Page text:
As it builds a hotel in Shockoe Slip and moves toward a potentially lucrative sale or IPO, a local real estate investment firm can’t seem to shake the class action bug.
The Apple REIT Cos., including its newly merged fund now known as Apple Hospitality REIT, last month was hit with yet another class-action lawsuit filed by a disgruntled shareholder.
A day later, a federal court of appeals ruled that part of another previously dismissed class-action suit filed against Apple REIT can be reinstated and litigated again. That came more than a year after the company successfully had the whole case thrown out.
Those two join a third case filed in January that seeks to rescind the March merger of three of the company’s funds. It argues the deal was rife with conflicts of interest and alleged self-dealing among insiders who stand to receive a windfall following the merger.
So far, the suits have been minor obstacles as the company looks to potentially list shares of Apple Hospitality REIT on a public stock market. It has said it’s considering “strategic alternatives” including an IPO or potentially selling the fund, which owns 188 prominent-branded hotels across the country.
The company recently hired Merrill Lynch as its financial advisor to evaluate its options for Apple Hospitality REIT.
Apple REIT has sold several of its funds over the years, most recently its Apple REIT Six for $1.2 billion to a New York private equity firm.
While they may be just a cost of doing business for the downtown firm, the constant court dust-ups have been costing Apple REIT plenty of money. It has spent more than $14 million on legal fees over the last three years, according to its regulatory filings, though that number dropped in 2013 to $2.9 million from $7.3 million in 2012.
That’s on top of the money it paid in February to settle a longstanding investigation by the Securities and Exchange Commission. The SEC had questioned the value of certain Apple REIT shares and the validity of some of the firm’s financial disclosures.
As part of that settlement, Apple REIT’s founder Glade Knight, the company’s CFO, and several of Knight’s wholly owned affiliates paid fines to the SEC totaling more than $1.5 million.
Not letting the legal issues put a damper on its growth, Apple REIT continues full steam ahead with construction of a six-story, 210-room hotel at Cary and 14th streets in Shockoe Slip.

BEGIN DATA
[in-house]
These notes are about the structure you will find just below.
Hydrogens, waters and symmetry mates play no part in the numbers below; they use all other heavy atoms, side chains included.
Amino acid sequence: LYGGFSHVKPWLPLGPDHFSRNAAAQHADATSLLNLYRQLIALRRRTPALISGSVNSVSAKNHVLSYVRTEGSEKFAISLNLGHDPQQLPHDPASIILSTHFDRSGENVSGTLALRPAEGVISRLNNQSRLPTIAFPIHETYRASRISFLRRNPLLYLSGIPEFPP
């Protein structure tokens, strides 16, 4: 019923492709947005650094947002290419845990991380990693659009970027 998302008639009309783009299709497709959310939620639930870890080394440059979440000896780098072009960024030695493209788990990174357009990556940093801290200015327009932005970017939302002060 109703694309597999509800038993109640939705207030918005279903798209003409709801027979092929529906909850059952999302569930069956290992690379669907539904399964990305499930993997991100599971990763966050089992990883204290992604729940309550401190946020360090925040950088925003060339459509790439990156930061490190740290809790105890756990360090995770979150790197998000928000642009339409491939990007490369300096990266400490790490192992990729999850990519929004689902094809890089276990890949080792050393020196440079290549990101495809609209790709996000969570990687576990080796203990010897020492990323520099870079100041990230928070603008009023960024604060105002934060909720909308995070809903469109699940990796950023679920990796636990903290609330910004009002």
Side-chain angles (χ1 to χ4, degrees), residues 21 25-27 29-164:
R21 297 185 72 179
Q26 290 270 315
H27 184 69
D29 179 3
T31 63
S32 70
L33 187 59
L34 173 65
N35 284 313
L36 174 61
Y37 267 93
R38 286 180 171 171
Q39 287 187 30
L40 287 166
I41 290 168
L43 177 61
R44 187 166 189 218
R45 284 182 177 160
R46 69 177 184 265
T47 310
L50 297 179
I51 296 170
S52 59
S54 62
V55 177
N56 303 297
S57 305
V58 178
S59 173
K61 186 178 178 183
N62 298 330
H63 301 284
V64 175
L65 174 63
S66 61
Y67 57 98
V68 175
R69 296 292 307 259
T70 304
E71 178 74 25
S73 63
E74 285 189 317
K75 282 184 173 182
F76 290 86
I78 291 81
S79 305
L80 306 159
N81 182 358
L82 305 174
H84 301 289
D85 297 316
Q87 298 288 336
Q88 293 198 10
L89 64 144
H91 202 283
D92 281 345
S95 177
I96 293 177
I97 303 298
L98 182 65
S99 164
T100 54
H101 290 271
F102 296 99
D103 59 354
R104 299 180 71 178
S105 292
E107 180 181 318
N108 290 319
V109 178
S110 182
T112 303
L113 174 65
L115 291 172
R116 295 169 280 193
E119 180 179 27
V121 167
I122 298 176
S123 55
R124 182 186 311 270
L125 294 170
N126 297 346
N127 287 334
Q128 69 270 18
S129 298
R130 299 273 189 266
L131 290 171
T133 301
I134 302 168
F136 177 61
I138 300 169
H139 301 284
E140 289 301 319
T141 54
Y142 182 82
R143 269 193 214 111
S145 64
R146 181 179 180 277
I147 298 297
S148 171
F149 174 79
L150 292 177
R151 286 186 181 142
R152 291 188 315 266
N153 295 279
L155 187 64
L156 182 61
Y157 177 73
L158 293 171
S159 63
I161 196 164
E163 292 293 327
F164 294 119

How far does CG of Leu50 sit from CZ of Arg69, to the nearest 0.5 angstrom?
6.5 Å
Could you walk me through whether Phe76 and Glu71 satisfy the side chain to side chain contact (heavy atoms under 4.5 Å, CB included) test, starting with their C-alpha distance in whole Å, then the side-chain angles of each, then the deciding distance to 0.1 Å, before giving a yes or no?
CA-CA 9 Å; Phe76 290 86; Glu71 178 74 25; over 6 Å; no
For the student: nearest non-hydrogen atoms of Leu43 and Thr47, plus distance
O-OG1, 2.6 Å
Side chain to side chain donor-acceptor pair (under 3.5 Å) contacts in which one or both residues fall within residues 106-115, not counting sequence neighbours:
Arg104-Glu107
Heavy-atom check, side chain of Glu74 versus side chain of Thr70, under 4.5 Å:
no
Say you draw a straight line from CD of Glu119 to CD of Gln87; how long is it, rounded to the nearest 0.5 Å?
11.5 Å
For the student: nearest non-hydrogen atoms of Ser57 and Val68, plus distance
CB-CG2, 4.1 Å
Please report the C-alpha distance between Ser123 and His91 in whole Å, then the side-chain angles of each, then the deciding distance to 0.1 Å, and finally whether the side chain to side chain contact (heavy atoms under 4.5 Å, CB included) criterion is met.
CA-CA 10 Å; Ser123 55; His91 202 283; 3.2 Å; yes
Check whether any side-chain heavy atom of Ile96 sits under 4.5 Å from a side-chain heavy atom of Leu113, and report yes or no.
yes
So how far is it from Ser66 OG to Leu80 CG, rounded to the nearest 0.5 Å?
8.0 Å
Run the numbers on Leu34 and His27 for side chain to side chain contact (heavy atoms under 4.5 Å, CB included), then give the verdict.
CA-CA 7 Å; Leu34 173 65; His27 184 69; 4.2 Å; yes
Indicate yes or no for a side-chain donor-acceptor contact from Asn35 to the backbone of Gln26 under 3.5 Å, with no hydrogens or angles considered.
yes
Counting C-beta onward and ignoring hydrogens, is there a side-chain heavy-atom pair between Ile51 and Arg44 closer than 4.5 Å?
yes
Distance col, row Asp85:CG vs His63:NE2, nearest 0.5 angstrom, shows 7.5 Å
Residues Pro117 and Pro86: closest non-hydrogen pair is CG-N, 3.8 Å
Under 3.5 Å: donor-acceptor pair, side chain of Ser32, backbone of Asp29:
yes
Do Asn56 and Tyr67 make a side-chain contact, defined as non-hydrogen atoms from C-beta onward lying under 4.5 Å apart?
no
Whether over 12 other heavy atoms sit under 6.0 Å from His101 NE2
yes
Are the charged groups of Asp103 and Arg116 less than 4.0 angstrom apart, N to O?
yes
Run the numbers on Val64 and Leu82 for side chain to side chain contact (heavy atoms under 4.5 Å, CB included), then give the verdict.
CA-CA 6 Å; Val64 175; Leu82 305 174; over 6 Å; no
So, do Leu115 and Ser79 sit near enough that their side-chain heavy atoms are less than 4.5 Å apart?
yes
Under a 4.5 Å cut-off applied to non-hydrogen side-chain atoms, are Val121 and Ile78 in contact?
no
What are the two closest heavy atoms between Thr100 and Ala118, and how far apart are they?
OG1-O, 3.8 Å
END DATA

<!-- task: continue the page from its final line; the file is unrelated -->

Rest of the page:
The April 22 lawsuit was filed initially in New York state court by shareholder Susan Moses against Apple Hospitality REIT, Glade Knight and several other executives and directors.
Her case questions the prices set by the company on certain Apple REIT shares through its dividend reinvestment program. Moses alleges that the prices were artificially inflated and didn’t reflect the true value of the shares.
In an SEC filing, Apple REIT said the claims have no merit and that it “intends to defend this case vigorously.” It has asked to have the case transferred to federal court.
Questions of the value of Apple REIT shares have been a consistent theme in many of the lawsuits. The company’s funds are known as non-traded REITs, meaning their shares are not traded on a public stock market. They are consequently illiquid and the company has the ability to set the price as it sells shares to investors.
The April 23 ruling in federal appeals courts stems from a case filed in June 2011 by Apple REIT investors in the Northeast. Their initial claims alleged that the defendants misrepresented the value and risks related to investing in the company’s funds.
The defendants, which included two of the Apple REIT funds, Glade Knight and the company’s New York broker David Lerner, fought and won to have the case fully dismissed in April 2013.
But the U.S. Court of Appeals reinstated one piece of the case, related to claims of breach of fiduciary duty and negligence, for further proceedings.
Apple REIT said it also will defend those claims vigorously.
The third case that’s seeking to undo the merger that created Apple Hospitality REIT is still playing out in Richmond federal court. The plaintiff’s attorneys filed an amended complaint, which Apple REIT has argued should be tossed out.